At Sun Moon Lake, the Bureau has helped rebuild Checheng, a tourist attraction at the end of the Jiji Branch Rail Line, and in particular the Checheng Wood Museum, which now stands as a historical summary of the logging that once took place in the area. Shuishe Pier, once a tiny wharf used mostly by private boats on Sun Moon Lake, is now a broad set of docks that welcomes the popular public boats that ply the lake.
Likewise in Alishan, the Bureau has helped rebuild the Historical Exhibition Room at Fenqihu, while in Hengchun Peninsula in the far south, it has built a new bicycle trail and a new visitor center. And on the east coast, the Bureau has had a hand in improving the Yuli Bicycle Trail and Luye Plateau paragliding field, and making landscape improvements to Liyu, a scenic lake in the Rift Valley.
The Tourism Bureau has also been helping hotels to upgrade by providing consultation and assistance, and in some cases subsidies to help defray design and planning expenses. In all, more than 250 hotels have been upgraded, with improvements made to more than 15,000 guest rooms.
Yet another initiative promotes healthy travel, which is becoming more popular in Taiwan as local residents rediscover the natural heritage of the island. Green Island and Little Liuqiu are being redeveloped as eco-friendly tourist islands, a move that will highlight their natural beauty and their surrounding sea life. Recent upgrades include helping to build the new Liuqiu Camping Area Service Center, and the new Green Island Ecology Observation Center.
The Bureau will also continue to oversee the Eastern Taiwan Bike Network Demonstration Plan, and other bike-friendly initiatives, such as the construction of new bikeway facilities, and the ongoing organization of large-scale international cycling competitions.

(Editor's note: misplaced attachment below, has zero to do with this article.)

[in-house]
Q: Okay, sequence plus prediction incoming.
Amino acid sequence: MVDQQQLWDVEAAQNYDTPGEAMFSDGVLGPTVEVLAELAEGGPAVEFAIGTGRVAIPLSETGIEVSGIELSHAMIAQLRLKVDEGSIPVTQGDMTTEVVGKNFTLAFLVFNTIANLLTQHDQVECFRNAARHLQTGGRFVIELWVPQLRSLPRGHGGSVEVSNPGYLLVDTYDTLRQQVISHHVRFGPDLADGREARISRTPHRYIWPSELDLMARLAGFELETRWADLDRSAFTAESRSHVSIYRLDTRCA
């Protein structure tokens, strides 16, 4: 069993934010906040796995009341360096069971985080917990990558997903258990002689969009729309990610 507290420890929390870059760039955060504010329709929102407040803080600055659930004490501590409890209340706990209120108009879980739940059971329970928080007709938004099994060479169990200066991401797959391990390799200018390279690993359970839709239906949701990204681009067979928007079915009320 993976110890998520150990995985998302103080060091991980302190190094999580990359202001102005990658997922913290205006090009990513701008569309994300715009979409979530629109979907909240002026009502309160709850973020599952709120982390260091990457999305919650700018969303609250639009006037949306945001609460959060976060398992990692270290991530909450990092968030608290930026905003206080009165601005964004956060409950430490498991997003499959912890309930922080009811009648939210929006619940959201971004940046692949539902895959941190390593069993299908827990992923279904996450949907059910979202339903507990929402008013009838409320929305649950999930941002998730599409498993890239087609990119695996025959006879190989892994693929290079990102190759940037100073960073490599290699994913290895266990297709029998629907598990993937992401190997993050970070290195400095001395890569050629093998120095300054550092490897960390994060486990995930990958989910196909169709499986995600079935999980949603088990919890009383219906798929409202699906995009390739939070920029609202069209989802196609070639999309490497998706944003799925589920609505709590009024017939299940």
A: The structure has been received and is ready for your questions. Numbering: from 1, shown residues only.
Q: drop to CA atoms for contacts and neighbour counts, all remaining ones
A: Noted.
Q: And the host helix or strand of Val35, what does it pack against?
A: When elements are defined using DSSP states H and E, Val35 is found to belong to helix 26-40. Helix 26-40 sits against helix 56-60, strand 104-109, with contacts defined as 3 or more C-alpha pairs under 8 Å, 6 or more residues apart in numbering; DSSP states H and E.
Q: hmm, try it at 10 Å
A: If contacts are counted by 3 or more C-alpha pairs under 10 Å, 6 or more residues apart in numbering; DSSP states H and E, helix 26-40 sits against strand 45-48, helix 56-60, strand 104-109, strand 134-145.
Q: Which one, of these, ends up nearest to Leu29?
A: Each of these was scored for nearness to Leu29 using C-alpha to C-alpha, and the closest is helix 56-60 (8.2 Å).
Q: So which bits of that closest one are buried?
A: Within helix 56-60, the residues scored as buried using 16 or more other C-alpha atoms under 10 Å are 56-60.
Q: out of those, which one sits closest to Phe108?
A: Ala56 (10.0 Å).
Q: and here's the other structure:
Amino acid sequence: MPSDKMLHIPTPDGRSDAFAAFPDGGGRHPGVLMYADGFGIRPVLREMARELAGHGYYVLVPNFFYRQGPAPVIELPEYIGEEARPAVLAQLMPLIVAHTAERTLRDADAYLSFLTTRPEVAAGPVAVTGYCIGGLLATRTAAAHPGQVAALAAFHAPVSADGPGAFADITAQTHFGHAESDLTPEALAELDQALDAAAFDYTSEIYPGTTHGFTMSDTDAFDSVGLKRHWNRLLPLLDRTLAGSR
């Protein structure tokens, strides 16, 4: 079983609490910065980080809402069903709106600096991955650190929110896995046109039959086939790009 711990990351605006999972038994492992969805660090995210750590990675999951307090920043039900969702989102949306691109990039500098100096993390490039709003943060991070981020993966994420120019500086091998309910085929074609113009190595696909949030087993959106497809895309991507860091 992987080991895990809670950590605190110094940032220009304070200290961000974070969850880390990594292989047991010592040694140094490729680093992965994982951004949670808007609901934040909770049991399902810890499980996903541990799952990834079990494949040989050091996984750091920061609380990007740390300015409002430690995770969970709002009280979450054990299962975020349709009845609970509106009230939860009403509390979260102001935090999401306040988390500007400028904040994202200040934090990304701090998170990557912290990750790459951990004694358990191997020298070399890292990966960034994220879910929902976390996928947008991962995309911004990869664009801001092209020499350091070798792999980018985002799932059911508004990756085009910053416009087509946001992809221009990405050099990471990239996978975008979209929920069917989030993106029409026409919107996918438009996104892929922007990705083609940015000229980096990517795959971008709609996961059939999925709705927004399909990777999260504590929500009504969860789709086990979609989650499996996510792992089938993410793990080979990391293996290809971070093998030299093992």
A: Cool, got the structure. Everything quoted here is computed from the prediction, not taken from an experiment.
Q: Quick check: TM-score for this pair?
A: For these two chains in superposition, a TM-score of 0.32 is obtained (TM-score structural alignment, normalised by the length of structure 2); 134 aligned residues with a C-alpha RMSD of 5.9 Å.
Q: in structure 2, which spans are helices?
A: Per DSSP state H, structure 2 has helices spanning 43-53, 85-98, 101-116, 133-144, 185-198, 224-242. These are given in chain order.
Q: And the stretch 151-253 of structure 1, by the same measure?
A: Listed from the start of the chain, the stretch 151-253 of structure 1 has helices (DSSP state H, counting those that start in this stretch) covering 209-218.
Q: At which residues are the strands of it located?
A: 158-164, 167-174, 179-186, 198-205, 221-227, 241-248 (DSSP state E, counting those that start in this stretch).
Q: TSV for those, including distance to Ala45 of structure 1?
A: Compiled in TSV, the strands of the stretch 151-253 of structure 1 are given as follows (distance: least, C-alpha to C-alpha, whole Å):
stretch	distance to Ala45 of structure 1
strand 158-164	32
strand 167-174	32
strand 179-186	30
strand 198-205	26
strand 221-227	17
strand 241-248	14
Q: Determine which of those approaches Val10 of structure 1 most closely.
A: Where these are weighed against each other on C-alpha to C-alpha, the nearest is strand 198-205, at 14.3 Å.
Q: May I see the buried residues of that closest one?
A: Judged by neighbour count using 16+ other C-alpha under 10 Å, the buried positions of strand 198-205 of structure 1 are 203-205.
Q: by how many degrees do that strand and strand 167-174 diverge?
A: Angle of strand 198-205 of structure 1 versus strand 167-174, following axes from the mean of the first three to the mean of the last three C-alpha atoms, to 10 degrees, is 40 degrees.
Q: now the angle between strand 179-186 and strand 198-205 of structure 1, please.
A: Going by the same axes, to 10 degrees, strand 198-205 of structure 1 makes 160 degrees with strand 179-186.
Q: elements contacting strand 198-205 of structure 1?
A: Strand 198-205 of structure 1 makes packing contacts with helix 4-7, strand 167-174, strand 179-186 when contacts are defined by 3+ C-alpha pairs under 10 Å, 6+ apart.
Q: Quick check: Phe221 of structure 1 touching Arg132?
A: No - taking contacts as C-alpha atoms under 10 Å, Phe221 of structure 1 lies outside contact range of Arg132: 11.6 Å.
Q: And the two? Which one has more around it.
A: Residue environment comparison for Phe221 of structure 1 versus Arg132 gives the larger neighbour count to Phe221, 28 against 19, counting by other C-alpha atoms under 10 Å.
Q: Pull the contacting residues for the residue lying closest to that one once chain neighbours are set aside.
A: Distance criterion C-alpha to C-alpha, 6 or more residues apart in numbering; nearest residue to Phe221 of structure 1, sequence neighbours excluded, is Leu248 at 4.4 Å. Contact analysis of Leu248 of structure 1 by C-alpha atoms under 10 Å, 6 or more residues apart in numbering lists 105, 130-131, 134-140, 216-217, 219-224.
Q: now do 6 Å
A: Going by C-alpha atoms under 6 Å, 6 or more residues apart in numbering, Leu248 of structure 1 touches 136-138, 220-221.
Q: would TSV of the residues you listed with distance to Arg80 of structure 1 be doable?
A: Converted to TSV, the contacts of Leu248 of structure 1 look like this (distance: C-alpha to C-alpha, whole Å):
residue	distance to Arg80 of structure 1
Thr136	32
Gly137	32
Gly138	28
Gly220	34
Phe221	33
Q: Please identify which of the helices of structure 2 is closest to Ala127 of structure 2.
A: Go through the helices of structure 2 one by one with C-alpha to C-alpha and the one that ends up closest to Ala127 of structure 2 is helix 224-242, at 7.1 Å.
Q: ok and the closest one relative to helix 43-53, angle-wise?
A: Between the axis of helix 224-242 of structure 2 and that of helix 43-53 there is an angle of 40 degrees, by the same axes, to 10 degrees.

Naturally, the Bureau is continuing to raise Taiwan’s international tourism profile. In MRT stations in Hong Kong and Singapore, on expressway overpasses in Malaysia, and on cabs in London, the attractions of Taiwan are on display. Next year, a Tour Taiwan and Experience the Centennial action plan will be used to attract more international tourists to Taiwan to mark the 100th anniversary of the founding of the republic.
Some concrete goals are associated with the various initiatives. This year, the Bureau hopes to attract 4.5-million inbound visitors, up from 4.395 million in 2009, while the goal for 2012 is 5.5-million visitors. For each of its target markets, the Bureau has designed tailored promotions. For Europeans and Americans, for example, Chinese-language learning, Buddhism study, leisure travel, and lifestyle promotions such as tea drinking and folk customs are on the agenda. Fine dining, medical healthcare, and hot springs will be used to attract mainland Chinese, while shopping and golf will be emphasized for Southeast Asian visitors.
Success for these programs will enable the tourism businesses at Sun Moon Lake, Alishan, and other areas to prosper, and give tourists a better and smoother overall travel experience.